Typically, I’m not the type of person who enjoys romance or dramas, especially movies as cliché as this one. On the other hand, this movie is possibly one of the greatest romance movies I’ve ever seen because it genuinely relates to me from a high schooler’s perspective. The end of Whisper of the Heart is open-ended, leaving many viewers wondering if the two protagonists ever achieve their dreams. We can only assume, but our assumptions will determine our sense of the world.
So, I finally got around to watching arguably one of the most iconic films of all time- Les Miserables, about France in the 1800s. The film opens with Jean Valjean, a prisoner, being released from prison after a nearly 20-year long imprisonment simply for stealing bread. As a former convict, he cannot find a job or a place to stay, but a generous Bishop offers to take him in. However, Valjean tries to steal the Bishop’s silverware and run away, but is caught by the police- still, the Bishop stands up for him, saying that he himself gave Valjean the silver so he could start a new life in the world. Valjean is stunned and ashamed- to honor the Bishop, he makes himself a new persona to save other people.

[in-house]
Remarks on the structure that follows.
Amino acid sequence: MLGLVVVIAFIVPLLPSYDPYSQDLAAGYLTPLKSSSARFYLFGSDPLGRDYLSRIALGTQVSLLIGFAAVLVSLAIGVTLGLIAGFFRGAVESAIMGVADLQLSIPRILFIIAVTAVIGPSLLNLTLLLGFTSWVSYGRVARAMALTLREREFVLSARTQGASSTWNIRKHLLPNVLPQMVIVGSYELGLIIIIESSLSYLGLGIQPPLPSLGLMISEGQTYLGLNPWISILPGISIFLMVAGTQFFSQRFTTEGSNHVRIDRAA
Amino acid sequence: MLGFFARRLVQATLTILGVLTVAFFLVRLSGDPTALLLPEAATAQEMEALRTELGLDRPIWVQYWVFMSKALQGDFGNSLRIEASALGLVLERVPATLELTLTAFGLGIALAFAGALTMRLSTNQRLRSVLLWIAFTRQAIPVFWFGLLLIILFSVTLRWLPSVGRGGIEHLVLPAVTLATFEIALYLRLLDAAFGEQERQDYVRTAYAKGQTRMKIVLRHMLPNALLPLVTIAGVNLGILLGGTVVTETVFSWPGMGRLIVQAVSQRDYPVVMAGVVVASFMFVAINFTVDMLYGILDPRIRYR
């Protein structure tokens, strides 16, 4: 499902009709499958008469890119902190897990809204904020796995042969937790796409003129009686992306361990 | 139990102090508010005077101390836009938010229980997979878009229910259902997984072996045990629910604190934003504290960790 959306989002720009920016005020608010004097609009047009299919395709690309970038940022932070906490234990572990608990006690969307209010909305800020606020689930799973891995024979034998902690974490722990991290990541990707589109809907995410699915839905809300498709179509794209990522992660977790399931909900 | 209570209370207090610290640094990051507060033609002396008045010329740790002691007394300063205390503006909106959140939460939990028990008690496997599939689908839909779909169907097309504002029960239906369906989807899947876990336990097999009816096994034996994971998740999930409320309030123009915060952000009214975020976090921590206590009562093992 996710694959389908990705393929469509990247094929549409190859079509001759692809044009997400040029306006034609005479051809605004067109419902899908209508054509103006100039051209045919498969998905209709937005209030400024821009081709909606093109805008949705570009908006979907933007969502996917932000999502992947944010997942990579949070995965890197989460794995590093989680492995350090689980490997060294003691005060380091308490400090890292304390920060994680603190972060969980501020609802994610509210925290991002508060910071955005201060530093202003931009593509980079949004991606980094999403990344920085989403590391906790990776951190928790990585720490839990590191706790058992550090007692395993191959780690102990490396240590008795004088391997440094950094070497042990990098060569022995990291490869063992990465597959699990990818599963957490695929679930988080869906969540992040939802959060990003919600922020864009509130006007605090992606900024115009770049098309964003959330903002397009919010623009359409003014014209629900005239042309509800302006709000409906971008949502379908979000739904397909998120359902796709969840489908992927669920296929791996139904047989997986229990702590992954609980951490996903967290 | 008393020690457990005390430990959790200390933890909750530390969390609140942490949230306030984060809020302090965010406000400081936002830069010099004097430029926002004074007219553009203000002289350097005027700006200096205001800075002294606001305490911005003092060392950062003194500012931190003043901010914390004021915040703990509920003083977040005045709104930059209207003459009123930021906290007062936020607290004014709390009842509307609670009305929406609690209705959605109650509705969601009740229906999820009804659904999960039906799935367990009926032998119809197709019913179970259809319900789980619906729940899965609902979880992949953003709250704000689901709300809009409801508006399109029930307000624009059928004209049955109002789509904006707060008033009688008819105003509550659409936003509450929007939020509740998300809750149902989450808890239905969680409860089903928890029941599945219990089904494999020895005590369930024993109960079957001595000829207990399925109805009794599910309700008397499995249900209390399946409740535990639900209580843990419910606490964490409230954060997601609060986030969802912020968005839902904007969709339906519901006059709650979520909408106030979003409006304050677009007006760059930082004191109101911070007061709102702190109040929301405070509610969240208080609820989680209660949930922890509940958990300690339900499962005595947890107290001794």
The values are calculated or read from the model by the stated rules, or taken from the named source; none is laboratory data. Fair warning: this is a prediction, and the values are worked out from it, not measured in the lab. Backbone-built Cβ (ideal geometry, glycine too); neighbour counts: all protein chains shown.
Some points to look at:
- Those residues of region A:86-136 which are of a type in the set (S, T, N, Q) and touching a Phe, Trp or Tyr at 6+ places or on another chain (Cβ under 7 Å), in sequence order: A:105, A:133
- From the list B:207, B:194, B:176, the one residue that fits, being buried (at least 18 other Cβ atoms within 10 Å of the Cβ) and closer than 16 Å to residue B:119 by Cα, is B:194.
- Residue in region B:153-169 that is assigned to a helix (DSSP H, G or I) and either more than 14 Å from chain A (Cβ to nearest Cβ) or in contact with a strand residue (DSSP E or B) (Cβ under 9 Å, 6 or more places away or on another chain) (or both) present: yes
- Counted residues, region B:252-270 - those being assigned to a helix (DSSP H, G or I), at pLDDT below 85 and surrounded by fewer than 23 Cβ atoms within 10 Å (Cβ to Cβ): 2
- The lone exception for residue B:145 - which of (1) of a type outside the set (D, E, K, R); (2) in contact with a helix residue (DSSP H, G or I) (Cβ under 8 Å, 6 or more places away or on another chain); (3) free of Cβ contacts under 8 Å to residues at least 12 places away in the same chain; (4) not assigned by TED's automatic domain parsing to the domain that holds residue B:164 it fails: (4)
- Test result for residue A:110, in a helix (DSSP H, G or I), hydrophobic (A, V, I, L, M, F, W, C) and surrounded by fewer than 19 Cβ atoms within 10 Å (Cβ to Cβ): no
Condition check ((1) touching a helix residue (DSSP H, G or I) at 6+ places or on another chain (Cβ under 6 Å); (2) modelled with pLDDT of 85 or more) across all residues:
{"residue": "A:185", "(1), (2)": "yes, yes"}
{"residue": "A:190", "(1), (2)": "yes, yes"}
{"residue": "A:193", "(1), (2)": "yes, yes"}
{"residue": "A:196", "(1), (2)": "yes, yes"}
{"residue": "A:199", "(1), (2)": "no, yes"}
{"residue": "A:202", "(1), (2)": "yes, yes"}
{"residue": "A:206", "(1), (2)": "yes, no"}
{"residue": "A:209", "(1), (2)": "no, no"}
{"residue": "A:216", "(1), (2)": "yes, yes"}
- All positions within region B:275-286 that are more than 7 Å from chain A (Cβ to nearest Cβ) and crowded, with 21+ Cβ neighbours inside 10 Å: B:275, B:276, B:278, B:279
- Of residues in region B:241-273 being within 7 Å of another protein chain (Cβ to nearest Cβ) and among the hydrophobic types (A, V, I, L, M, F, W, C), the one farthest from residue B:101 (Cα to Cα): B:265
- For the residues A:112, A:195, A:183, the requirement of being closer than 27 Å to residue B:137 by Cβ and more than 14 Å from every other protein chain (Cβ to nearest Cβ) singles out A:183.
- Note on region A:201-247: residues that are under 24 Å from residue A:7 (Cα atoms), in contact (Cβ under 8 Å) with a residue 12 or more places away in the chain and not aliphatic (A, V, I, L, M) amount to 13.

Almost ten years later, Valjean is a rich factory owner- but he is shocked when a man named Javert (formerly a prison guard at the prison where Valjean was held) comes to meet Valjean as the new police chief. Javert begins to suspect Valjean’s real identity. Concurrently, one of the factory workers named Fantine is fired for having a daughter out of wedlock, named Cosette. Cosette is revealed to be living with a greedy family named the Thenardiers, who demand money from Fantine. Fantine, desperate, becomes a prostitute to pay her debts. After she attacks an abusive customer, Javert arrests her, but Valjean remembers her as a factory worker and takes her to a doctor. However, the unrest in Paris has festered for too long- things are about to get, for lack of a better term, heated.
Les Miserables takes place during the French Revolution. The movie is set amongst many historical landmarks in Paris- such as Notre Dame. The time period shines through- the deep social divides and political unrest of the Revolution bleed through and impact all the characters in different ways.